Refugee conductor gives "demonstration concert" in San Antonio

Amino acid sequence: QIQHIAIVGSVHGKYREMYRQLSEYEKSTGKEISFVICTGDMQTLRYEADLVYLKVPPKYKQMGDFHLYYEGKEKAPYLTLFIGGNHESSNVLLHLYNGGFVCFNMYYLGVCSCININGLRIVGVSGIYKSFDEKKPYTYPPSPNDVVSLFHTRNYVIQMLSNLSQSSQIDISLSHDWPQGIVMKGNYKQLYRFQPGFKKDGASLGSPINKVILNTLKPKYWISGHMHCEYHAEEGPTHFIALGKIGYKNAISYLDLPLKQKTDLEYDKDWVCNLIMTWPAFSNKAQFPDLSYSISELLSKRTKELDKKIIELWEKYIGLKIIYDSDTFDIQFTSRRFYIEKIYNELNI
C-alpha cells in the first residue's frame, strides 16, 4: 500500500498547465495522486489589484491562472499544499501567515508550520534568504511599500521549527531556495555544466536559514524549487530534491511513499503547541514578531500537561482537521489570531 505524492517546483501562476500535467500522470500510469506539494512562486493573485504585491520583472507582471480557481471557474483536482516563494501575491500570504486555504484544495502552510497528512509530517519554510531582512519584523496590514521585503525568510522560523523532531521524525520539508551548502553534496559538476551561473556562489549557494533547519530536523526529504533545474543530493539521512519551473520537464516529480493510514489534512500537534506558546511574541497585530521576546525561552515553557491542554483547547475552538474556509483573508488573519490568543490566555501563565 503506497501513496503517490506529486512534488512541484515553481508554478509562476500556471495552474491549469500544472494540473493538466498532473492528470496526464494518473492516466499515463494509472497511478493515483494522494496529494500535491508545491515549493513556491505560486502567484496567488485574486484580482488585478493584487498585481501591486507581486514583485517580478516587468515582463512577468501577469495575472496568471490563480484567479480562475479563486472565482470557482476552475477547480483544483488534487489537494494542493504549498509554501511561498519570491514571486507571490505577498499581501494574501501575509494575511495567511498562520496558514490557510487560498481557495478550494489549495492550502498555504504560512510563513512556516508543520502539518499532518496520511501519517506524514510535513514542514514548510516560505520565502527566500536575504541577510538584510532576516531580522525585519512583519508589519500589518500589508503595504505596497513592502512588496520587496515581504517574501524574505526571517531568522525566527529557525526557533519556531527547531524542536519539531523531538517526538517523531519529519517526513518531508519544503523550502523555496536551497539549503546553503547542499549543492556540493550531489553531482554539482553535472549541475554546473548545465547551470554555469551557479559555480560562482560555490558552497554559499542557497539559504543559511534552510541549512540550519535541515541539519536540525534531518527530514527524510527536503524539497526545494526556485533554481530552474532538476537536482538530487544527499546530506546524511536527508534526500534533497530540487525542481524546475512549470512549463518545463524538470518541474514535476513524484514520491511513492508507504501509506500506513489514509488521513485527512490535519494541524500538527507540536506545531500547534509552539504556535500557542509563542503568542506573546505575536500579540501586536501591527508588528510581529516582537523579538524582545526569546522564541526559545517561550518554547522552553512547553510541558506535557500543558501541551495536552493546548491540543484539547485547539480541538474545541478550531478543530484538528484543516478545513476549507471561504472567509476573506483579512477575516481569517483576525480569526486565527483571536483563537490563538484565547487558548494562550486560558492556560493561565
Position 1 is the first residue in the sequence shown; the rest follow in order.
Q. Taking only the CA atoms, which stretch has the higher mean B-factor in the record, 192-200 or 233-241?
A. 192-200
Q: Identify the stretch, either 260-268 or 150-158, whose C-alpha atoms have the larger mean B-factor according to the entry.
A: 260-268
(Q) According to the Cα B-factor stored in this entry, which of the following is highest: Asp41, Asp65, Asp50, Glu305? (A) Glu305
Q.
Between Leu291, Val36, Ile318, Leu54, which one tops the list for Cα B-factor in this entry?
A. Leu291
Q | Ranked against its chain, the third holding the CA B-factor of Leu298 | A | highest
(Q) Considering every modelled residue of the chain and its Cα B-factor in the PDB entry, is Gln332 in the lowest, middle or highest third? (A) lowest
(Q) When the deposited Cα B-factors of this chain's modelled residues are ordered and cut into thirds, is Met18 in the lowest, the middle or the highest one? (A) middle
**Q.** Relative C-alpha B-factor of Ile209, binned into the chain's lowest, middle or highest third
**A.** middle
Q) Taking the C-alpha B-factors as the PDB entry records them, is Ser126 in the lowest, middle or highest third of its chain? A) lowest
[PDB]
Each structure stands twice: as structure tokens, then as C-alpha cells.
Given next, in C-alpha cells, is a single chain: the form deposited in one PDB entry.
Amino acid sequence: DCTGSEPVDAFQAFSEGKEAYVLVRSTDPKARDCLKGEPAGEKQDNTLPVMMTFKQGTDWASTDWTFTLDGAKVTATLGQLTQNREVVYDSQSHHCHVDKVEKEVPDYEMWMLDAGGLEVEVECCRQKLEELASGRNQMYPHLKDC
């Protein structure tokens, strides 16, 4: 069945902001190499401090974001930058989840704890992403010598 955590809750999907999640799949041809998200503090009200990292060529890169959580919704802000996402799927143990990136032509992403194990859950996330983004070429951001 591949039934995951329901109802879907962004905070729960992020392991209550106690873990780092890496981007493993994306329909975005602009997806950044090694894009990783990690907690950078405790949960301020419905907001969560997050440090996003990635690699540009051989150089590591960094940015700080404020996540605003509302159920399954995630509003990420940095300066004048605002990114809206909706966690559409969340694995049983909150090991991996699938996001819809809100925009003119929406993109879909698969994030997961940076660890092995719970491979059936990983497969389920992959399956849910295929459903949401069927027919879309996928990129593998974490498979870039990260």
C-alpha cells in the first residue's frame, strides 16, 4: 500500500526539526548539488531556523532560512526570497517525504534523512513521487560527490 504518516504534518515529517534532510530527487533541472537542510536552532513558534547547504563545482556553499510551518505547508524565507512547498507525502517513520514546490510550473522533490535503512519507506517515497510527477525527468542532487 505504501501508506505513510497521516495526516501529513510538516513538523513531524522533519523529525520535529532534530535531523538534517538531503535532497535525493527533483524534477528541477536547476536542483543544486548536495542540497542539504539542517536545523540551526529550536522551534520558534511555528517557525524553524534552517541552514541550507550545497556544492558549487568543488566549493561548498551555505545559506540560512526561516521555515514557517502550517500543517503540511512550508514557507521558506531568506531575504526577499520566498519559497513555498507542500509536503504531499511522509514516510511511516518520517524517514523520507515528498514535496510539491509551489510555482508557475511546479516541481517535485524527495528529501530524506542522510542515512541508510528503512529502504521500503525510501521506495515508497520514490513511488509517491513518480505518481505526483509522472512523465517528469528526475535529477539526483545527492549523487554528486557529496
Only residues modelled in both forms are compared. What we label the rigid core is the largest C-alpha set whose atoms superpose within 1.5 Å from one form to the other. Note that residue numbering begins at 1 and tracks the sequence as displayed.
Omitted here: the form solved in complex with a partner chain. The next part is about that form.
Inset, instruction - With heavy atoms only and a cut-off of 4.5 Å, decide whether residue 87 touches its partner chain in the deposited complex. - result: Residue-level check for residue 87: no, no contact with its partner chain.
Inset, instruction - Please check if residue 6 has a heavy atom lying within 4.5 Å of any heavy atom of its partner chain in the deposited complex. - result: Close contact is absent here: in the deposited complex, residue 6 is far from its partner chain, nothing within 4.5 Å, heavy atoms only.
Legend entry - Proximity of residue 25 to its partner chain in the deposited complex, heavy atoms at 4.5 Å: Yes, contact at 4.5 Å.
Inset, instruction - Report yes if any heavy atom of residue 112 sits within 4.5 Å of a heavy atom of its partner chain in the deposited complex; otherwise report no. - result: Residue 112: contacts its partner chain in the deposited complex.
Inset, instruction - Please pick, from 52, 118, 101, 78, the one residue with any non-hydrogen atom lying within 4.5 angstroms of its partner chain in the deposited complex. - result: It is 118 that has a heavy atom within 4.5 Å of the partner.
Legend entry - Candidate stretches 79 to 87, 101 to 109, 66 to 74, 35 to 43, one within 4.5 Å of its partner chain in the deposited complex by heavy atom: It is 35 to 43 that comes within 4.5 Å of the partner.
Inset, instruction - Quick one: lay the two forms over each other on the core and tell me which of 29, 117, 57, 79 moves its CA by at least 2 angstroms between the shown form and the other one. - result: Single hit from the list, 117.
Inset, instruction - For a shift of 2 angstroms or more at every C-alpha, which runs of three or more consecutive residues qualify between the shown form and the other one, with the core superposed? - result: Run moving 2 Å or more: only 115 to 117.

On this day in 1939, refugee Max Reiter conducted a "demonstration concert" at the Sunken Garden Theater in San Antonio. Reiter was born in Italy in 1905, but moved with his family to Munich in 1915. In 1933, with the rise of Nazism, he left Germany and settled in Milan. In Italy he befriended Richard Strauss, and later premiered many of Strauss's works with the San Antonio Symphony and in radio broadcasts. Reiter fled Italian fascism in 1938 and came to the United States. He found New York overcrowded with conductors, many of whom were European refugees, and was advised by the Steinway family to go to Texas. His first "demonstration concert" was in Waco, using an orchestra composed of Baylor music faculty and students, local amateurs, and a few key players from the Dallas Symphony Orchestra. Some of his supporters from San Antonio attended the Waco concert and reasoned that he would do even better in San Antonio, which had a greater supply of talent and a long-standing tradition of supporting the arts. The concert was a resounding success, and led to the formation of the Symphony Society of San Antonio, with Reiter as founding conductor and music director. He died in 1950 and was succeeded by Victor Alessandro.